Miguel blew us all away with one arm pull-ups looking like childs play. Subtracting the stabilizers seemed an obvious but powerful technique to getting the pull-up in the high position then taking one finger at a time out the equation. Then getting the arm high holding to the side until it can lower into neutral or the BB hand in pocket position. Good point to train with knuckles facing up as opposed to the false grip position also to avoid injury.
Jay is so solid in his x-grip front lever, ice-cream maker and windscreen wiper progressions. Core strength is just off the charts smooth. He broke down the importance of using reps in transitions. In getting to the next stage building up that core is going to take training to that next level. Plus this just looks super cool. By doing reps this really does build a foundation for other advanced movements. So the quality of this should be as clean as possible and this is done by going back to the first point.
In the interest of injury prevention and to increase ROM at the end of the seminar I added in a few key points of flexibility training. It’s always a sensitive area for any power based athletes to stretching because of the loss of strength gains involved and de-stabilizing of synovial joint like the shoulder and hips. Therefore this should be done with the same intelligence as strength or endurance training in allowing recovery and prioritising only if developing that component. With that said I do feel it is important at the end of sessions to do some stretching without looking like you need a yoga mat and spandex.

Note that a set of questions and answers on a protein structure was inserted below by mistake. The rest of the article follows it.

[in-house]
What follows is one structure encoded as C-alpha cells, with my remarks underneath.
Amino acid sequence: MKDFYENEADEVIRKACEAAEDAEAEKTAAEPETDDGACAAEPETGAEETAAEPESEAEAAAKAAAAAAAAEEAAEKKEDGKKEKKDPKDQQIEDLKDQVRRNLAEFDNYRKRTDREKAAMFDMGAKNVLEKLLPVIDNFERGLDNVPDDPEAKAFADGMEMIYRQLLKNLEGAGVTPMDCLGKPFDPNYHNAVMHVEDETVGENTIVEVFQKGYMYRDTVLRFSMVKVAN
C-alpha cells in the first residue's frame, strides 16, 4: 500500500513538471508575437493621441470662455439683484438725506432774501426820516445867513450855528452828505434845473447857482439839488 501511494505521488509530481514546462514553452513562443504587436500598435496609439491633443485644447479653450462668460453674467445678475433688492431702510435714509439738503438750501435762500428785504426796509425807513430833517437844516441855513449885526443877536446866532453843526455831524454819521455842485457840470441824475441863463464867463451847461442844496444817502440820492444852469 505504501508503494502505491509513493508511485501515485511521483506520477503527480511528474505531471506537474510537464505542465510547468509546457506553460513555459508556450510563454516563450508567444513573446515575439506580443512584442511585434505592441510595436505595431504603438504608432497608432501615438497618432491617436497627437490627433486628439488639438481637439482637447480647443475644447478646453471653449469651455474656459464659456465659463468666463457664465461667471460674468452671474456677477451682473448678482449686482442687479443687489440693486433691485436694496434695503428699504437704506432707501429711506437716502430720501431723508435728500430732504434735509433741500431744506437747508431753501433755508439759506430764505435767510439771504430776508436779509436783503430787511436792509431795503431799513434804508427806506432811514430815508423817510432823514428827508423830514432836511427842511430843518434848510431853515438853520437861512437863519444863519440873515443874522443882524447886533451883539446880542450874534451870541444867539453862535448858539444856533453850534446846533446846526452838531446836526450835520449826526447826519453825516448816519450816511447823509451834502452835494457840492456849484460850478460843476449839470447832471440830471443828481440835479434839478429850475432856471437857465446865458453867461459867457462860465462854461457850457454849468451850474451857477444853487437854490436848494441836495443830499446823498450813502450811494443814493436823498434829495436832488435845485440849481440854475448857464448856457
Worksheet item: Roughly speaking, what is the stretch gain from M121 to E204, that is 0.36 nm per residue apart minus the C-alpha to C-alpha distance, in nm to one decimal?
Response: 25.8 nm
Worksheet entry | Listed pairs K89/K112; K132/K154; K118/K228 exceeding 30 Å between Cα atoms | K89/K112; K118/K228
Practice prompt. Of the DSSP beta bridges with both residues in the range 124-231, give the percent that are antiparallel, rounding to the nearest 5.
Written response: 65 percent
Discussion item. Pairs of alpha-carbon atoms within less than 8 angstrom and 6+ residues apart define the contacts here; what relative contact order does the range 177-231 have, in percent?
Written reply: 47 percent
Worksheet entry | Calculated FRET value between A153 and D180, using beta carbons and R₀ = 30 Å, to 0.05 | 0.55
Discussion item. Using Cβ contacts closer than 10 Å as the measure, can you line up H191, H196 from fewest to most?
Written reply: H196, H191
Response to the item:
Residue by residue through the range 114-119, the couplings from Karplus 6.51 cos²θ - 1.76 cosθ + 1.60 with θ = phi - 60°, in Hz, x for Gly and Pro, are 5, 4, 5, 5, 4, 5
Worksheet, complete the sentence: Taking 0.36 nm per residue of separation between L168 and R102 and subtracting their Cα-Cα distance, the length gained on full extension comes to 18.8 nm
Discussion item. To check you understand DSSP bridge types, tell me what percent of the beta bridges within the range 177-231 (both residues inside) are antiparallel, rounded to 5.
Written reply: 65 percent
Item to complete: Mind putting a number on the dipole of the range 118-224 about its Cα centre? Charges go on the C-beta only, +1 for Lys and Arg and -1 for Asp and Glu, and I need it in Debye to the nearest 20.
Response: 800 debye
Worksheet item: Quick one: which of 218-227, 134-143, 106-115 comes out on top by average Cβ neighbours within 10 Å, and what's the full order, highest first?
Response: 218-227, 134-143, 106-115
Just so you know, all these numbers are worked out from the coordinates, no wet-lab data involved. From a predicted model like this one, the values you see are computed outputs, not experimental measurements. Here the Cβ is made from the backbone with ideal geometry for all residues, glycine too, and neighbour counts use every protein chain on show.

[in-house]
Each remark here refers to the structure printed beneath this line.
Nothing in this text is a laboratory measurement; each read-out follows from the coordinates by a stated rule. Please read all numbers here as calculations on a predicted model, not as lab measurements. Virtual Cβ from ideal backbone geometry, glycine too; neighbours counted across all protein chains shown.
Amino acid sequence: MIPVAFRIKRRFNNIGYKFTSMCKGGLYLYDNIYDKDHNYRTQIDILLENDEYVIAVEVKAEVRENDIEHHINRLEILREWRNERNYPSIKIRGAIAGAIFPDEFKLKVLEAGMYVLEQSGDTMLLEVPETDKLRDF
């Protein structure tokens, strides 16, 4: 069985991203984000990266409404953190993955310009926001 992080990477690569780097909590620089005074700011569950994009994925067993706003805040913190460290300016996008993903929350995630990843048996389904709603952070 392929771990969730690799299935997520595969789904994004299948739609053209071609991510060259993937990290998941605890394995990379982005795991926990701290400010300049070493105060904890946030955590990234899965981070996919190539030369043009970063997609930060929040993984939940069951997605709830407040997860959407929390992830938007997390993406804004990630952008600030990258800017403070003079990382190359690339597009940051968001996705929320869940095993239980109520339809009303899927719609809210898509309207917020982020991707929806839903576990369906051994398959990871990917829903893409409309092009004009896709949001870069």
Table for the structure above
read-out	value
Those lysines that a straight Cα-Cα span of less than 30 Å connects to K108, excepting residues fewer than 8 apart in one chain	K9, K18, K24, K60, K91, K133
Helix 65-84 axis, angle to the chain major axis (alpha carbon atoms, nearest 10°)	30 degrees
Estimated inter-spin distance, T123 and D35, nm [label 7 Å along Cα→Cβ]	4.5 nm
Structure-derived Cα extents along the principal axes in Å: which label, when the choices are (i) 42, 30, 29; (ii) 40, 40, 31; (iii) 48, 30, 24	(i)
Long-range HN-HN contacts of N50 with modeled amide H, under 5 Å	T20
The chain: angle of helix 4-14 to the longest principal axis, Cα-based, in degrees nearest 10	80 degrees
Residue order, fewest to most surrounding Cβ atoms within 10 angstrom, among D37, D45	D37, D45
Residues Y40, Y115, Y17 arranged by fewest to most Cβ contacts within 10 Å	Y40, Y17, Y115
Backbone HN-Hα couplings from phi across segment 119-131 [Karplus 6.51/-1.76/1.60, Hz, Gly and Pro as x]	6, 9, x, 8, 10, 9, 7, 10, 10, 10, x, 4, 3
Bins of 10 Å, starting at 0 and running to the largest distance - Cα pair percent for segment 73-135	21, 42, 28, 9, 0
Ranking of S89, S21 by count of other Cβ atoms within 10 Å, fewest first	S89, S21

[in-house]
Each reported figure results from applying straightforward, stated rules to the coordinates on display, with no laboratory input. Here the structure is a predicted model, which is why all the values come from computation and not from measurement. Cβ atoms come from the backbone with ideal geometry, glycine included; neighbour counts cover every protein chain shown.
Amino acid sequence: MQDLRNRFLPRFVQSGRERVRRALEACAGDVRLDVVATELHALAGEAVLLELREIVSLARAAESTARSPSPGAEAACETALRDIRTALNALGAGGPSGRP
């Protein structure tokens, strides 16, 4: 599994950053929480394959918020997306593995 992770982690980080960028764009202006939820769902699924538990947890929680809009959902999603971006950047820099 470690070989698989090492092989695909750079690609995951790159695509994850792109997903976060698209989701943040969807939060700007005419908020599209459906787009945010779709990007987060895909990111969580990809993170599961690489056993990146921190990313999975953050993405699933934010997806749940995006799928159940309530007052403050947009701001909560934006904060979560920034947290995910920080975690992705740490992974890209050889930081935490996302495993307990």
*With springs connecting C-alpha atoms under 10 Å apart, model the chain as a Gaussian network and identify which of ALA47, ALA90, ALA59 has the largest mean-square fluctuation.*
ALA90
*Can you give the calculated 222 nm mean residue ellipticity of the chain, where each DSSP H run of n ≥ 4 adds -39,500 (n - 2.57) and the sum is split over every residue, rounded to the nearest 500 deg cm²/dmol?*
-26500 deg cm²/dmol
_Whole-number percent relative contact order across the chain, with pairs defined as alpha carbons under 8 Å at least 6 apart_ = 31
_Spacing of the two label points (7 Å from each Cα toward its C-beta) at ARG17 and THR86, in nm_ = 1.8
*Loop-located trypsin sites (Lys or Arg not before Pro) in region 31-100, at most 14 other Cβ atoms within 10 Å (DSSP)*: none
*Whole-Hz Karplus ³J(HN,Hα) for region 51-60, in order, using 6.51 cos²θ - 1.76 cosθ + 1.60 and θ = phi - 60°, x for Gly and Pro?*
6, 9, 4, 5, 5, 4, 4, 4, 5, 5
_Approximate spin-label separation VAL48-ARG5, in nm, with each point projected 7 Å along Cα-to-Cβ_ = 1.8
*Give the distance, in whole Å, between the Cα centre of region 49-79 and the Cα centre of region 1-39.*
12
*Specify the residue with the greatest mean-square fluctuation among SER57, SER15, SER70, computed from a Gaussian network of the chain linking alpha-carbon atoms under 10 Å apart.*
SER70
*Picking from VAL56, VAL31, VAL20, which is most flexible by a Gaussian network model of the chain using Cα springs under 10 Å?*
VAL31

There is always a great ambience at these seminars of friendliness, warmth and excruciating barrier busting training. I will say warmth of characters because the venues have all been suitable for freezer boxes. Layers and layers of clothing that can be stripped off superman style should be a requirement as you go from sweating profusely to shivering and huddling in a true caveman style. The team games always bring people closer together and makes me realise just how dedicated and strong these people are. There was some insane plank holding and my group the LionBars did well but the Spartans smashed it. Ify of GetFizzical should have been casted to do the anguished man screams in the movie 300.
At the end of the day its great hanging out with the Bar-barians as they love to eat and drink like barbarians. After the training and the dreaded DOMS sets in nothing eases the day off like a round of vodka and in mine and Fi’s case a bottle of red wine is now mandatory. It’s great getting to know the group, BB pledgers and everyone who shares a passion for calisthenics. We laugh, talk and take training seriously. There are at least half a dozen people that I regularly see getting closer to the BB requirements now. It’s very exciting to see who will be next, what amazing unique skills they bring to the bar and supporting everyone in their goals.
I recently discovered the joys of the Bar-barian forums and challenges and will start to contribute to the posts. So do check it out for further training hints and tips by all members and hope that you enjoyed reading this as much as I did writing it :)
Thank you Zoe! :)